Eventually, patients had to react to ongoing stories of how their data is used without their knowledge online. They may have felt safe on Facebook before, but ongoing privacy scandals across the internet seem to have caused new awareness of data dangers.

A recent survey by insurance company Aetna shows patient concerns have now tilted to privacy over cost or even quality of care. Healthcare can’t rely on HIPAA alone to reassure patients that their data is safe.

HIPAA isn’t network security – it’s a protocol. Patients now clearly want a stronger defense.

Aetna’s survey of 1,000 consumers (December 2017) in its first annual Health Ambitions Study sought to better understand patient goals. It asked patients what the most important aspects of healthcare were. Findings:

·         Patient privacy (80%)

·         Data security (76%)

·         Cost of care (73%)

·         Personalized care (71%)

·         Coordination of care among providers (68%)

 

Women were more concerned about patient privacy than men (84% vs 71%). As women make more family health decisions this offers a clear opportunity to healthcare providers to meet new concern for privacy with necessary security technology that protects and reassures patients.

The study also looked at telemedicine attitudes. It found a generational divide with digital technology.

Under age 35

  • 37% of consumers said virtual office visits would be helpful
  • 36% said telehealth would be valuable to them

People aged 65 and older

  • 17 % liked the idea of virtual office visits
  • 14% rated the idea of telehealth as helpful

Patient privacy in EMS systems and the rise of telemedicine require strong authentication security to keep imposters out. It must protect records and enable long-distance telecommunication between patient and provider.

Authentication is identifying the person logging in, not the username and password. Up till now there has been no magic bullet that will manage these security demands without hardware.

Most systems use cobbled together solutions such as constantly changing passwords or 2 factor authentications via SMS that place a burden on providers and require a great deal of valuable time.

Nothing authenticates like biometrics. They used to require hardware and devices, but no more.

BioSig-ID is a smart password product that uses the way a person draws to biometrically identify them. It’s a simple 4-character password that is drawn with a finger or mouse instead of a typed password. It can be used for patient portals, telemedicine, electronic medical records, even online medical education and credentialing.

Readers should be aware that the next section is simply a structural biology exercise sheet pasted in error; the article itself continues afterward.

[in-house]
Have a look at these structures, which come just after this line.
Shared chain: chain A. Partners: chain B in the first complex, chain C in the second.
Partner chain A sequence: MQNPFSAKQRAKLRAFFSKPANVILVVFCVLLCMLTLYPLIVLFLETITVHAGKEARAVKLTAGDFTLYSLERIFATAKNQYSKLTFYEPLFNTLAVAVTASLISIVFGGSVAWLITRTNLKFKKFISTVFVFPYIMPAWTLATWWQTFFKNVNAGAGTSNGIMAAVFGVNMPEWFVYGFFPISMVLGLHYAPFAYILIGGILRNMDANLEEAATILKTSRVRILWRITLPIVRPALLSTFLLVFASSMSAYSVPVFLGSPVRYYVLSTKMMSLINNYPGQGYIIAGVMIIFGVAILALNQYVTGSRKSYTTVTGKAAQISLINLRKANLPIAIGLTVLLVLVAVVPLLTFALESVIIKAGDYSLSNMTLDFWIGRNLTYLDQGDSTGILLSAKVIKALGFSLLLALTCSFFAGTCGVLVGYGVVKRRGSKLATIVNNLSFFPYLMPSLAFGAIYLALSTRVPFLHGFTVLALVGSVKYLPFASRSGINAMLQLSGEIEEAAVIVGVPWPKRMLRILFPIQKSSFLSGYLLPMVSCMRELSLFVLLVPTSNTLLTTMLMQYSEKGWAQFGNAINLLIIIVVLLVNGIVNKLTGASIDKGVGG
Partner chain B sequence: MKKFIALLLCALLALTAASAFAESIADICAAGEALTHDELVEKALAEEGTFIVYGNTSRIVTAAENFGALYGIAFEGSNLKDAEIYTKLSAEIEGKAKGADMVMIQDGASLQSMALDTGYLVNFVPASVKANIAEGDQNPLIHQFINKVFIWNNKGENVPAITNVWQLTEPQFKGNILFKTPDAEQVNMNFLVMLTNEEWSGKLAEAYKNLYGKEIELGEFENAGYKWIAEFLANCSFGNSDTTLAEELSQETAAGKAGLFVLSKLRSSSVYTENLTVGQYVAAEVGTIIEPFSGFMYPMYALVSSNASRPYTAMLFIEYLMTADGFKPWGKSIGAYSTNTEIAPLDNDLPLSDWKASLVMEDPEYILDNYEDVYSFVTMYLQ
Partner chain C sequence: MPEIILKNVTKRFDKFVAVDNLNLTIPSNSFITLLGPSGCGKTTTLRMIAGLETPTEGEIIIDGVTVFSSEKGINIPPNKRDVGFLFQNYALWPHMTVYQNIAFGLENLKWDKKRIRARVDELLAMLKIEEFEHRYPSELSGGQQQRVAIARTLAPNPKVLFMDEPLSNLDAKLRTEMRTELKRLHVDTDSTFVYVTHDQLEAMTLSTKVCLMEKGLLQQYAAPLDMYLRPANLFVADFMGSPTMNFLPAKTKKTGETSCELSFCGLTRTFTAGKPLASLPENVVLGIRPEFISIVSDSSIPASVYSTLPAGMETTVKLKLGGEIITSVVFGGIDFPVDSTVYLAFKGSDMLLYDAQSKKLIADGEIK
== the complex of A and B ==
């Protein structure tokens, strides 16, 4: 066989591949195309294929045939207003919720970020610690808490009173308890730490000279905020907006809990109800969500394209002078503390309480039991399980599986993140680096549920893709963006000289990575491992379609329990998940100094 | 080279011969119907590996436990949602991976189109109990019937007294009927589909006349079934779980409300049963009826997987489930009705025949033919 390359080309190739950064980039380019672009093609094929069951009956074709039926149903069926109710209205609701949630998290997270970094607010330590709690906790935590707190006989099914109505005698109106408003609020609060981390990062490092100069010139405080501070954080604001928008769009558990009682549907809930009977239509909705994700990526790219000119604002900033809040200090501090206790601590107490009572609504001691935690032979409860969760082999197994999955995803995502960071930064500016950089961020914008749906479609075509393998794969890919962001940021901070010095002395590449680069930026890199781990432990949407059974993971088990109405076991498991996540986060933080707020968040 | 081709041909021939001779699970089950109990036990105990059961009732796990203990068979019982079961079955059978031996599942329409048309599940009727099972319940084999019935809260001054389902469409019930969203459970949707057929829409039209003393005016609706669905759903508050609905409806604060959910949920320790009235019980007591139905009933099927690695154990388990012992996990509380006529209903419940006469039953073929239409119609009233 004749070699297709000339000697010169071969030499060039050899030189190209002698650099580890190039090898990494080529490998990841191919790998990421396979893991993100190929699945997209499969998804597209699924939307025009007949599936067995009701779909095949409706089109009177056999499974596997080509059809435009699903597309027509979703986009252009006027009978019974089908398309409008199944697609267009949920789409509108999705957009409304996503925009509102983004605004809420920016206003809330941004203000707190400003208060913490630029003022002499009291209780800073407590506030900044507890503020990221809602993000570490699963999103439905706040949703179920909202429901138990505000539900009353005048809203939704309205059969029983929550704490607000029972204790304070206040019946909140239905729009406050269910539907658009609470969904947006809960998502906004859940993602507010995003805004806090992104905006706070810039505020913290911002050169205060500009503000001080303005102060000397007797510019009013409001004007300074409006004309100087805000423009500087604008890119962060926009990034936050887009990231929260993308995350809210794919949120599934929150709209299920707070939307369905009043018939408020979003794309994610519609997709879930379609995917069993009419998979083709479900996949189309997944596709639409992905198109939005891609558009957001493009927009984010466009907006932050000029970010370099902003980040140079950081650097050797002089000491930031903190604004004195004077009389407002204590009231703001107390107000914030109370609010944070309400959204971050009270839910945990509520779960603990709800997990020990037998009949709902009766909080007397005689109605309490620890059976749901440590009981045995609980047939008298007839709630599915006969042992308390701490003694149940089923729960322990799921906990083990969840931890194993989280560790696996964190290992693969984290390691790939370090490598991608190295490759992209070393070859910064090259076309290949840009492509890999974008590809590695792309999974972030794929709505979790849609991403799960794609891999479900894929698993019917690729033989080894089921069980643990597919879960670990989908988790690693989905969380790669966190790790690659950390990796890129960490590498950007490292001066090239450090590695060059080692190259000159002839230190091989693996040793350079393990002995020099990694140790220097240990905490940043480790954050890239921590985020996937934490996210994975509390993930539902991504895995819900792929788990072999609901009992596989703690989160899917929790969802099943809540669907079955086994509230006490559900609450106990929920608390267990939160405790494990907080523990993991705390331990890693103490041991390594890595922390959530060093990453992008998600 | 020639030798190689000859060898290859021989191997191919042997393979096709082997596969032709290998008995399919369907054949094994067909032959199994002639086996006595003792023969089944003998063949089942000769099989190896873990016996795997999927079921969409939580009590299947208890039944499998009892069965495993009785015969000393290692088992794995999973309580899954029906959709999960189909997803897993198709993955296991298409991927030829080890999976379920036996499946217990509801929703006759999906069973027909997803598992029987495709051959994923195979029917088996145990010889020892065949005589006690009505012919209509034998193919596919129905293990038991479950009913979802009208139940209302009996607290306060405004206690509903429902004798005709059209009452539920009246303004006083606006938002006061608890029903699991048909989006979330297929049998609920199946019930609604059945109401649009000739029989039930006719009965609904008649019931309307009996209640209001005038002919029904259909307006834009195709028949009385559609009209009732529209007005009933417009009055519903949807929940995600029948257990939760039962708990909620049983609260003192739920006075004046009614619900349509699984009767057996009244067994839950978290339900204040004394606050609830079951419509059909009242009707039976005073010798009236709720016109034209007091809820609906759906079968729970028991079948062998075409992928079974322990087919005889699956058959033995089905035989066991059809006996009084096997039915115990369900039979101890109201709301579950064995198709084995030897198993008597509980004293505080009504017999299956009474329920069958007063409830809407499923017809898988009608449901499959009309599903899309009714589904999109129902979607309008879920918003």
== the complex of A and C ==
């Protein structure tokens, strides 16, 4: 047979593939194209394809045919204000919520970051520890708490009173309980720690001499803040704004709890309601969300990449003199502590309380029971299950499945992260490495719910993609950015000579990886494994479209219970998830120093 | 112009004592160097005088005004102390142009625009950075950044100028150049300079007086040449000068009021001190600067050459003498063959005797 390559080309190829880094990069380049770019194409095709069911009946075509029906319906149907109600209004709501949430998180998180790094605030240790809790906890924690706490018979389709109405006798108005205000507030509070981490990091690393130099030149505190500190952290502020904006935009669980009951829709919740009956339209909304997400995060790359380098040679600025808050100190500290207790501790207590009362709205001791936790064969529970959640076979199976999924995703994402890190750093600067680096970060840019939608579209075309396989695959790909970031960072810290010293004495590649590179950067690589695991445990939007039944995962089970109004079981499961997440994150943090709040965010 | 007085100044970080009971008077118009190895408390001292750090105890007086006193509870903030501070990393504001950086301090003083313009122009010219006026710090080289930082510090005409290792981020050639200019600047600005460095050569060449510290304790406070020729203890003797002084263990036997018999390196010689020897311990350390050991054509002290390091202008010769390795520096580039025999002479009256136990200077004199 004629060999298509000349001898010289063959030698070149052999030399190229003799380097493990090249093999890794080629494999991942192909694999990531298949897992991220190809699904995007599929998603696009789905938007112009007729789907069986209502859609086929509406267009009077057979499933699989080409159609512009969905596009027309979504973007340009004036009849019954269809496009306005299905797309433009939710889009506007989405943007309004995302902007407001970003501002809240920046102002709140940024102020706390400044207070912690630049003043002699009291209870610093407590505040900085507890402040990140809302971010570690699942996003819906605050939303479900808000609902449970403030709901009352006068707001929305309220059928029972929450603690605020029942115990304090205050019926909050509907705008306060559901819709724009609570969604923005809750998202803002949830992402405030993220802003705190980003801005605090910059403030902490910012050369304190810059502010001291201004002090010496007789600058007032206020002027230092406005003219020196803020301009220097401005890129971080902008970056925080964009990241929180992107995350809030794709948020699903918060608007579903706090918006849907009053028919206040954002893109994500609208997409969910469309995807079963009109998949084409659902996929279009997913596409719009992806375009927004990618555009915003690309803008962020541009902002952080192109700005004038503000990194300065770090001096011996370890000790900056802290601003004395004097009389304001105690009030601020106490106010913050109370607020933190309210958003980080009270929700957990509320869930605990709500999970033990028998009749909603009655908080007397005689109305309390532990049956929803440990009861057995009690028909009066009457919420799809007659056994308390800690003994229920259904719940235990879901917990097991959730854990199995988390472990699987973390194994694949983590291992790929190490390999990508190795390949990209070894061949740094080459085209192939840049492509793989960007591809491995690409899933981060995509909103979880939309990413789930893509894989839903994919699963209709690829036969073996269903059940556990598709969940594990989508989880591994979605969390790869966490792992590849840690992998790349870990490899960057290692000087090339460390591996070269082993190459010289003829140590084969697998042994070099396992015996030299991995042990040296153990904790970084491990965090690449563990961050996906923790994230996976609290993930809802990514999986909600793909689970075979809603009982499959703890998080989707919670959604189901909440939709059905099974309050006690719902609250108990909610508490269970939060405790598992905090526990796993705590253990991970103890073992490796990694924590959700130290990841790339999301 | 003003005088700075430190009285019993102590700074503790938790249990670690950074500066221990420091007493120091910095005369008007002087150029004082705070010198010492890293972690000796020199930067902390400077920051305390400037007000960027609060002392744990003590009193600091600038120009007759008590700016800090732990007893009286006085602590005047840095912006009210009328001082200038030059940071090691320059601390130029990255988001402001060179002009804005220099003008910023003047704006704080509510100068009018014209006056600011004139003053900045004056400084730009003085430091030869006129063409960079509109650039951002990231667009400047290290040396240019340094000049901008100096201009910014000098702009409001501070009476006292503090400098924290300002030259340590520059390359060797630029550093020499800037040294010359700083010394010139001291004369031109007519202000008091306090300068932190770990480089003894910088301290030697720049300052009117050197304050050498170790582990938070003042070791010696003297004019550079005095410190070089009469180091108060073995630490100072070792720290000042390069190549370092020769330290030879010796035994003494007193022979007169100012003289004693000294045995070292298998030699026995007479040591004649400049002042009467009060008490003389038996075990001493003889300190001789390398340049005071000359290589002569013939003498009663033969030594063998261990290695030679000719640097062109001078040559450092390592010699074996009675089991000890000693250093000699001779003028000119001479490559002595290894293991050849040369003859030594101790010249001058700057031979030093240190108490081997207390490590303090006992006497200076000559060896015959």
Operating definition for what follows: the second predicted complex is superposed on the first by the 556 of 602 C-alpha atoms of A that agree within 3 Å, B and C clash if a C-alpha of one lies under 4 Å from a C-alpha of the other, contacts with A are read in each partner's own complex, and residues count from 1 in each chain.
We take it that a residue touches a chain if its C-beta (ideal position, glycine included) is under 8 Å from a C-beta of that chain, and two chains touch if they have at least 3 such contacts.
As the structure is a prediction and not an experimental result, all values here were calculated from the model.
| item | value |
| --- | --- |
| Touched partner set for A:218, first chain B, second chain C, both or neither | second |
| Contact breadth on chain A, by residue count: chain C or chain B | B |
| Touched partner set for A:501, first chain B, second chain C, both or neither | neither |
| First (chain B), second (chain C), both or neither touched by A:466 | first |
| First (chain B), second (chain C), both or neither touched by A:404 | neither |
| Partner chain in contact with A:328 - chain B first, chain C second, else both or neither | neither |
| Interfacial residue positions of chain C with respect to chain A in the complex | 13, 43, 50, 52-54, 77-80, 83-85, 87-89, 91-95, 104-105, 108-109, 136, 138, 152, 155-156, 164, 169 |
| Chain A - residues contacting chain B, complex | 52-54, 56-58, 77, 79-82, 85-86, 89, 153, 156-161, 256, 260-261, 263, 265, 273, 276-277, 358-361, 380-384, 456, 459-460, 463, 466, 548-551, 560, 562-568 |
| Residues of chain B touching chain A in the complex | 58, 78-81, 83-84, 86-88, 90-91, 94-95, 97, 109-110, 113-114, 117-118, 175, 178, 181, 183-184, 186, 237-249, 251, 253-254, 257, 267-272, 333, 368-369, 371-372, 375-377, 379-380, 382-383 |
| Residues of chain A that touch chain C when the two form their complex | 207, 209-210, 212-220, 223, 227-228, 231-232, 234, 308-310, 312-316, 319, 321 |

BioSig-ID uses gesture biometrics to defend against imposters and positively identify legitimate users with high accuracy and absolutely no hardware.

BioSig-ID integrates with Epic and PING and offers an innovative way to secure patient data and provide evidence of concern within healthcare that patient preferences are heard.

Isn't it also time to free practitioners of the demands of data management? It’s not what they trained for. Why make them become digital experts? Imagine what could they do with the extra time every day.

 

If someone enters the right credentials, that’s good enough for any website. Simple username/password is the most popular way hackers gain entry. For business, shared passwords are an ongoing headache and risk.

You’ve almost certainly done it too. You’ve impersonated someone, or someone else has impersonated you with your help. Have you ever….

1.       Shared your banking login with your spouse

2.       Used team passwords at work

3.       Shared passwords for a family photo sharing account

4.       Shared passwords for individual iTunes accounts to share music

5.       Shared passwords for a household device or appliance

6.       Asked a friend to log you in to a timeclock when running late

7.       Shared your email password with a significant other to show your commitment

 

So, you’re guilty of credential fraud. Most of us are.

We don’t think about sharing credentials with people we trust. And the system doesn’t know the difference. There is no identity authentication. Simply verification that someone typed in the right password. Everyone is the same to the system. All it takes is that PIN and password.

The only way to tell who is who online is with authentication. Authentication determines the actual person who is logging in by adding additional steps to determine identity. You’ve probably answered challenge questions or entered an SMS code you were sent to prove your identity before accessing a site.

But answering a question about the city you were born in or mother’s maiden name is easily discovered. And an SMS code only verifies the device attached to the account, not the person. Have you ever shared your phone passcode…? You get the drift.

How does business handle the need for real authentication? Not that well. Its continuing reliance on usernames and passwords (SSO) is baked in. So shared and stolen passwords are a continuing threat. With employees always coming and going and using different devices, managing identity is a complex problem.

The only way to be truly sure about someone’s identity is to use a biometric to identify them.

·         Biometrics are unique body characteristics like fingers or irises

·         They don’t change

·         They are, by far, the strongest way to identify a person

If you use a fingerprint to unlock your phone, it works on your device because you have a fingerprint reader in your hand. But it won’t work for online accounts.